A GRATICULE was used in our previous discussion in figure 6-10. It is simply a calibrated scale
(made of clear plastic) of amplitude versus time that is placed on the face of the CRT.
The graticule can be used to determine the voltage of waveforms because the DEFLECTION
SENSITIVITY of a CRT is uniform throughout the vertical plane of the screen. Deflection sensitivity
states the number of inches, centimeters, or millimeters a beam will be deflected for each volt of potential
difference applied to the deflection plates. It is directly proportional to the physical length of the
deflection plates and their distance from the screen and inversely proportional to the distance between the
plates and to the second-anode voltage. Deflection sensitivity is a constant that is dependent on the
construction of the tube.
Deflection sensitivity for a given CRT might typically be 0.2 millimeters per volt. This means the
spot on the screen will be deflected 0.2 millimeters (about 0.008 inch) when a difference of 1 volt exists
between the plates. Sometimes the reciprocal of deflection sensitivity (called DEFLECTION FACTOR)
is given. The deflection factor for the example given would be 125 volts per inch (1/0.008).
Q-13. What term is used to describe the reciprocal of deflection sensitivity of a scope?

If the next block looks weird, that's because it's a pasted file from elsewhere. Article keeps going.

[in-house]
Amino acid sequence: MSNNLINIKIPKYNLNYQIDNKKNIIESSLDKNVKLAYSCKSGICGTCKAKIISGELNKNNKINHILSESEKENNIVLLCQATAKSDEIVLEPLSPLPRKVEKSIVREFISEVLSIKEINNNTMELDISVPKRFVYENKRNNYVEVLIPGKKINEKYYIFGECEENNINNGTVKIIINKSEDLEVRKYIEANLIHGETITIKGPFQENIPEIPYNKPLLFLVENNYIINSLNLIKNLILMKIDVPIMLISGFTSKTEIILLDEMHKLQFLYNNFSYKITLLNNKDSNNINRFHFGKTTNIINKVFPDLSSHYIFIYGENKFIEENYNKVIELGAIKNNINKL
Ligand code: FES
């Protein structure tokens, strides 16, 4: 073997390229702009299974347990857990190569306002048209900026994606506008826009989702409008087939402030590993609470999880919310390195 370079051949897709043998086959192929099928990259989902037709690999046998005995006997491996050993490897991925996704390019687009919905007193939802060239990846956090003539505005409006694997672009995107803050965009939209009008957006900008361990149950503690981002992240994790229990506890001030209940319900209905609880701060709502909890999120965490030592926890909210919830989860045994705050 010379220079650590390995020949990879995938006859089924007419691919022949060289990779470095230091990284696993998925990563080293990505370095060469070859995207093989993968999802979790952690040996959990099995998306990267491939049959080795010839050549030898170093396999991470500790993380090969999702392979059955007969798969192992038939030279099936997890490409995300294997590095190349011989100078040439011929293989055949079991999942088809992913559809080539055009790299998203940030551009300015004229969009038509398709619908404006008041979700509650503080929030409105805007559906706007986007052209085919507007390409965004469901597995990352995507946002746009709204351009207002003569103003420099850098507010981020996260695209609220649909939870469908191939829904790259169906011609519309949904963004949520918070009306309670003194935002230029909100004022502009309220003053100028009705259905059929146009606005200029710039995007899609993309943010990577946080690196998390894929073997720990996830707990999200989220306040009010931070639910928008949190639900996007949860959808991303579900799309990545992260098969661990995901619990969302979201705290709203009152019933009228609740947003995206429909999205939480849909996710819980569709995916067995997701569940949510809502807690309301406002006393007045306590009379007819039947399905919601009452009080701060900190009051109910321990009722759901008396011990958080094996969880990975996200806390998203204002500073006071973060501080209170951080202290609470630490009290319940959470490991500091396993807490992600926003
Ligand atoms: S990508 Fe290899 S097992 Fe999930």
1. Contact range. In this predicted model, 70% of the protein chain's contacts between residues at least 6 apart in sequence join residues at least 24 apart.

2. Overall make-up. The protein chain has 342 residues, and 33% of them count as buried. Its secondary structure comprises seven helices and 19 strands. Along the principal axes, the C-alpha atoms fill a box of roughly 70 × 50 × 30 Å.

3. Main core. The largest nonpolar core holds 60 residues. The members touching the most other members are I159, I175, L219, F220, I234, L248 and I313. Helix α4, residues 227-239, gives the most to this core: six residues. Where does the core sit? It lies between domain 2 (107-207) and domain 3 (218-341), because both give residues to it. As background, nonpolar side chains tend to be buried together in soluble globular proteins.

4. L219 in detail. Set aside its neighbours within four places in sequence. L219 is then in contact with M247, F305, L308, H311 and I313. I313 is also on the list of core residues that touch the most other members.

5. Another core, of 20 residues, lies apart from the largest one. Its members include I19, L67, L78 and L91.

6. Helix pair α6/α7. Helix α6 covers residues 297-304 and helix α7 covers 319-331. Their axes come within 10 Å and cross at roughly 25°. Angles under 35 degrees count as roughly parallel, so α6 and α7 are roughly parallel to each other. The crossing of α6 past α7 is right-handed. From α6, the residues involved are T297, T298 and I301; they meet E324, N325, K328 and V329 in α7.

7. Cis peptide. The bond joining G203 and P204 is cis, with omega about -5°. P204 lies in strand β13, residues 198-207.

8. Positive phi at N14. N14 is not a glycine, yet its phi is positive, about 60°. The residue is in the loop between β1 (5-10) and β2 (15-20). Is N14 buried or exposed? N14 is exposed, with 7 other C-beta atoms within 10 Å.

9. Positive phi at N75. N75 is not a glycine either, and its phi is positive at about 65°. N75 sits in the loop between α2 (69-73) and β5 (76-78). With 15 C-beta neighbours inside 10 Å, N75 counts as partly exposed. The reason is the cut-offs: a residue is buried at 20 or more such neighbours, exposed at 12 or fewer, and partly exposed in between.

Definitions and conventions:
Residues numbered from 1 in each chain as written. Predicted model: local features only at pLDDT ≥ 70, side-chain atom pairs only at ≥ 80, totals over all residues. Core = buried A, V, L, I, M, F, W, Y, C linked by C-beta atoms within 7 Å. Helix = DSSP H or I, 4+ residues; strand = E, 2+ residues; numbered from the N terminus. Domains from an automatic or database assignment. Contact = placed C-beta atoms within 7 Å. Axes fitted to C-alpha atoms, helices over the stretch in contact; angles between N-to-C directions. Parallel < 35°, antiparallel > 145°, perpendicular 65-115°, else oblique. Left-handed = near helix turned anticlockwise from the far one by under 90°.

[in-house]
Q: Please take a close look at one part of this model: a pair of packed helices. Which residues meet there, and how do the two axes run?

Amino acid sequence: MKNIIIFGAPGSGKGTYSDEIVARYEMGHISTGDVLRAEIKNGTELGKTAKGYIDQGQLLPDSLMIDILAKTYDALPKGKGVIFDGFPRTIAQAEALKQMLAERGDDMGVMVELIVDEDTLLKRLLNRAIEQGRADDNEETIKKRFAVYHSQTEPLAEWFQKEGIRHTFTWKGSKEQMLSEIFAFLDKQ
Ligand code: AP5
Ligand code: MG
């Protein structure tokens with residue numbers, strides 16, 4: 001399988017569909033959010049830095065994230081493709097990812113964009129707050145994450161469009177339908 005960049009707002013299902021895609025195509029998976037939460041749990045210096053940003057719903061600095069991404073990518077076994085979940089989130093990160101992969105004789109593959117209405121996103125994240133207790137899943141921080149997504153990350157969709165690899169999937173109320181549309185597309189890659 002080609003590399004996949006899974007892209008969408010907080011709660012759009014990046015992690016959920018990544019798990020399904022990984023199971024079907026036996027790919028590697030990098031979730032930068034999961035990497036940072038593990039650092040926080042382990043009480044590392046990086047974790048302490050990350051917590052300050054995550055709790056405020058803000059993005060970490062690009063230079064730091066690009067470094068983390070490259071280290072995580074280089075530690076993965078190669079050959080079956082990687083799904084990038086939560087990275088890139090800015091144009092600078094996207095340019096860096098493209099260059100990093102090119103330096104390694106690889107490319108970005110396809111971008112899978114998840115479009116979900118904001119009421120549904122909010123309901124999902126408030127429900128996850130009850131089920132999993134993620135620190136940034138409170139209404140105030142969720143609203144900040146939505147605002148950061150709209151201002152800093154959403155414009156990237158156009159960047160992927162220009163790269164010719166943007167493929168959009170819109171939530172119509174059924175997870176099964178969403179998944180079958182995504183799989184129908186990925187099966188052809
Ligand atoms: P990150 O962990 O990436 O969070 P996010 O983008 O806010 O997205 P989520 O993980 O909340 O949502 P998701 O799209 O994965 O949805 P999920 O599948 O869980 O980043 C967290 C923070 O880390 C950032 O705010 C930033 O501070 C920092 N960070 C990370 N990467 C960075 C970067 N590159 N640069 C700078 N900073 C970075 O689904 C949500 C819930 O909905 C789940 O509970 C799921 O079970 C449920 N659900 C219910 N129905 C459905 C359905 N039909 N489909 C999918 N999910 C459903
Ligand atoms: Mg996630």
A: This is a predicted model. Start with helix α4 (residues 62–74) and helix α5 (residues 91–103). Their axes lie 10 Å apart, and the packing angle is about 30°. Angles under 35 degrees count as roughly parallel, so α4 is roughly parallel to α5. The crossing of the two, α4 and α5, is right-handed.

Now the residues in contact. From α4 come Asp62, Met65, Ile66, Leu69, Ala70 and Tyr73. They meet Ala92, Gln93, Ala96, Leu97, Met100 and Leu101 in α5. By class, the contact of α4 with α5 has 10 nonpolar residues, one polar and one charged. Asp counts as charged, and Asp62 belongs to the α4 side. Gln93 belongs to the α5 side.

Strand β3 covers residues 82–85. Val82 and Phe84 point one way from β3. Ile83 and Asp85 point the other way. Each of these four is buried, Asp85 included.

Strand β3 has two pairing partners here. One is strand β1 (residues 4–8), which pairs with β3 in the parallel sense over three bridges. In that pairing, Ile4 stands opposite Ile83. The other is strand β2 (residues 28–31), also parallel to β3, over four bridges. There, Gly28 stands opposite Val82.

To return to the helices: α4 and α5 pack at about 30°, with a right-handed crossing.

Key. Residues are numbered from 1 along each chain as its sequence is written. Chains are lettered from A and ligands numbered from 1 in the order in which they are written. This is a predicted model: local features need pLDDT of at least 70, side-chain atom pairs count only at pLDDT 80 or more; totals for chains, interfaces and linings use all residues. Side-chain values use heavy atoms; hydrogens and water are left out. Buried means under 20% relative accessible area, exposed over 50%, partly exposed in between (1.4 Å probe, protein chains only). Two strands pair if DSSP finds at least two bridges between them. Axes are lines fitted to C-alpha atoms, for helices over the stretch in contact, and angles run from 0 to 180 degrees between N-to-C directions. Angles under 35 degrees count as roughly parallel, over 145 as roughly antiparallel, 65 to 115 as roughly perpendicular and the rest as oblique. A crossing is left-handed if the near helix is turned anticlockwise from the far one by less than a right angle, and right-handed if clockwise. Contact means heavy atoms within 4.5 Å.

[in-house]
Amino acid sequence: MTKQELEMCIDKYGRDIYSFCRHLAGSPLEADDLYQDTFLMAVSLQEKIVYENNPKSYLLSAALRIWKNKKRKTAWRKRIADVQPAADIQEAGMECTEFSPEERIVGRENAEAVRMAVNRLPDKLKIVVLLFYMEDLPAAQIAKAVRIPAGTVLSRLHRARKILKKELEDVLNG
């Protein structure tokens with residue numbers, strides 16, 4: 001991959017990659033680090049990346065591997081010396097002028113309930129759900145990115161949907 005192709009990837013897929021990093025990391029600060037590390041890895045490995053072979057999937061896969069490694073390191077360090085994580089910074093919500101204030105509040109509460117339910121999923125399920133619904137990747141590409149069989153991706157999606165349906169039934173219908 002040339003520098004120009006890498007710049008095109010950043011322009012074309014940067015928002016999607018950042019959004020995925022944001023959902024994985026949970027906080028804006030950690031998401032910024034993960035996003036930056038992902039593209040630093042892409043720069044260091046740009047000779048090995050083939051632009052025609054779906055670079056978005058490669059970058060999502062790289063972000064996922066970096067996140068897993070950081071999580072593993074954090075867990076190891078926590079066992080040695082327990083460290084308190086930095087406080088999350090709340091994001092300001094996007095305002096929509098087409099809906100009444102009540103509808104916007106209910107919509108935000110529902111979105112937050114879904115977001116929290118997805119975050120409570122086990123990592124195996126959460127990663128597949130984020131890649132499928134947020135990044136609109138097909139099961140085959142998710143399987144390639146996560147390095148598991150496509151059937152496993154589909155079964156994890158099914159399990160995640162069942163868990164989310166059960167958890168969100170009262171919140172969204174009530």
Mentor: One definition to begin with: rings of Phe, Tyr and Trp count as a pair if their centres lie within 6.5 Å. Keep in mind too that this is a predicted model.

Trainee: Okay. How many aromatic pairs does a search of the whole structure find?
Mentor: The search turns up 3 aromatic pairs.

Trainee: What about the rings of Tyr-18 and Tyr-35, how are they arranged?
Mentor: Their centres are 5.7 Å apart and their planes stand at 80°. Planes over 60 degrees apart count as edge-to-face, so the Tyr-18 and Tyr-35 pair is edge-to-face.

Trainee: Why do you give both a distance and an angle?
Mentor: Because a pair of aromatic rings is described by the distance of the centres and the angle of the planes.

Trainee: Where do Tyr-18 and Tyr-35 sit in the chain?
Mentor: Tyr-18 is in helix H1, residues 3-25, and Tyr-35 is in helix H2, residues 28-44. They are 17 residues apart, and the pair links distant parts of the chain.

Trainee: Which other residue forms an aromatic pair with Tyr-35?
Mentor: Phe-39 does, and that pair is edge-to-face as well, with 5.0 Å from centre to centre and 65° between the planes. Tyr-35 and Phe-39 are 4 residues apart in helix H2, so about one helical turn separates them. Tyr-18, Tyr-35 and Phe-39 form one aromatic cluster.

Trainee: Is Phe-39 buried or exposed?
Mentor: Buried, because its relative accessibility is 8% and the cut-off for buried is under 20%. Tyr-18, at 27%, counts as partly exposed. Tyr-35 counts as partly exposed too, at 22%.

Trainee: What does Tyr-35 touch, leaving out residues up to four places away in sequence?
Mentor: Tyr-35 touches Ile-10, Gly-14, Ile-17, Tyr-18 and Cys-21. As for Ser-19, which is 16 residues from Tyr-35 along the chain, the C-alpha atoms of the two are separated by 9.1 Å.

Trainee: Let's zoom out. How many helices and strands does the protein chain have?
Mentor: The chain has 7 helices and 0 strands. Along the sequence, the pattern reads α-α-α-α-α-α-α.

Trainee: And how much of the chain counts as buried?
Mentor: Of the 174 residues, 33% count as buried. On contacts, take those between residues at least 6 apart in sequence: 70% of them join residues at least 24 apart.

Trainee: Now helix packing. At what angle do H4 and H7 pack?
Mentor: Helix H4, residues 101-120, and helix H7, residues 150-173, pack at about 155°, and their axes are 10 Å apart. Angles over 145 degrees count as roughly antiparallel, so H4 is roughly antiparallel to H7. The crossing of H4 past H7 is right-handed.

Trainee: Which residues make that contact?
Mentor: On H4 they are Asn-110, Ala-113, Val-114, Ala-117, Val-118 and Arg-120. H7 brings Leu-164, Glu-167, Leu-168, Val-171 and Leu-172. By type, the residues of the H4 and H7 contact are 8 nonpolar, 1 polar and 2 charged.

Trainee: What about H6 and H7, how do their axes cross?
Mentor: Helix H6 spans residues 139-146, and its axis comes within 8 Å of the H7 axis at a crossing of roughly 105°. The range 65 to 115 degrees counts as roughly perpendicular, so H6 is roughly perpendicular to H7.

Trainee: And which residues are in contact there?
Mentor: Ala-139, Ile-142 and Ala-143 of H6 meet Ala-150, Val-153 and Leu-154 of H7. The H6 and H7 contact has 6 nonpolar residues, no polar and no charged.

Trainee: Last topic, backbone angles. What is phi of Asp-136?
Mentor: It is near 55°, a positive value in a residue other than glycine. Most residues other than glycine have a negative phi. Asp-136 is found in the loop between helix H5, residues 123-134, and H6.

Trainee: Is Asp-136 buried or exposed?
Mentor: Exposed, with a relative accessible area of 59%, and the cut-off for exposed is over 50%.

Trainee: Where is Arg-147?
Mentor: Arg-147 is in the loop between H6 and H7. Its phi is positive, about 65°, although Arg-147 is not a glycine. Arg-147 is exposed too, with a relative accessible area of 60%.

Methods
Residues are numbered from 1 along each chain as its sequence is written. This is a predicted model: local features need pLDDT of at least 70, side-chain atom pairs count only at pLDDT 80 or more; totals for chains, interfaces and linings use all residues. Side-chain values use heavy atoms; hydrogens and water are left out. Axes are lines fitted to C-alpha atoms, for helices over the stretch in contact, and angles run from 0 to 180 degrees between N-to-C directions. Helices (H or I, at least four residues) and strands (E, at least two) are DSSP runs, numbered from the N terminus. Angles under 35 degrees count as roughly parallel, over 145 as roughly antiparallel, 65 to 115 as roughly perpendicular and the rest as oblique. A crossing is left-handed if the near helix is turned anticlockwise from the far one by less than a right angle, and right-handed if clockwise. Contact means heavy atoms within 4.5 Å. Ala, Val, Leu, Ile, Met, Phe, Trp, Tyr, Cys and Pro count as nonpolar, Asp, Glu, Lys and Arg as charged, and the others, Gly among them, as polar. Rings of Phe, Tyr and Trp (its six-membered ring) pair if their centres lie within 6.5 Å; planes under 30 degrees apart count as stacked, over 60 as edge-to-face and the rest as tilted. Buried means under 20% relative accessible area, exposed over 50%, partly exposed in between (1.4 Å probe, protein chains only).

In the above example, 125 volts applied between one set of plates would deflect the beam 1 inch on
the screen. This means that the deflection caused by small signals would likely not be observed. For this
reason, the deflection plates are connected to amplifiers that magnify the signals applied to the vertical
input of the scope.
Assume, for example, that a peak-to-peak value of a known voltage applied to the oscilloscope
indicates that each inch marking on the graticule is equal to 60 volts. Each of the 10 subdivisions will,
therefore, equal a value of 6 volts. Most oscilloscopes have ATTENUATOR controls to decrease or
GAIN controls to increase the strength of a signal before it is placed on the deflection plates. Attenuator
and gain settings must not be disturbed after the calibration has been made. For maximum accuracy, you
should recalibrate the graticule each time a voltage is to be measured.
Cathode-ray tubes are identified by a tube number, such as 2AP1, 2BP4, or 5AP1A. The first number
identifies the diameter of the tube face. Typical diameters are 2 inches, 5 inches, and 7 inches. The first
letter designates the order in which a tube of a given diameter was registered. The letter-digit combination
indicates the type of phosphor (glowing material) used on the inside of the screen. Phosphor P1, which is
used in most oscilloscopes, produces a green light at medium PERSISTENCE. Persistence refers to the
length of time the phosphor glows after the electron beam is removed. P4 provides a white light and has a
short persistence. If a letter appears at the end, it signifies the number of the modification after the
OSCILLOSCOPE CONTROL COMPONENTS
Although the CRT is a highly versatile device, it cannot operate without control circuits. The type of
control circuits required depends on the purpose of the equipment in which the CRT is used.
There are many different types of oscilloscopes. They vary from relatively simple test instruments to
highly accurate laboratory models. Although oscilloscopes have different types of circuits, most can be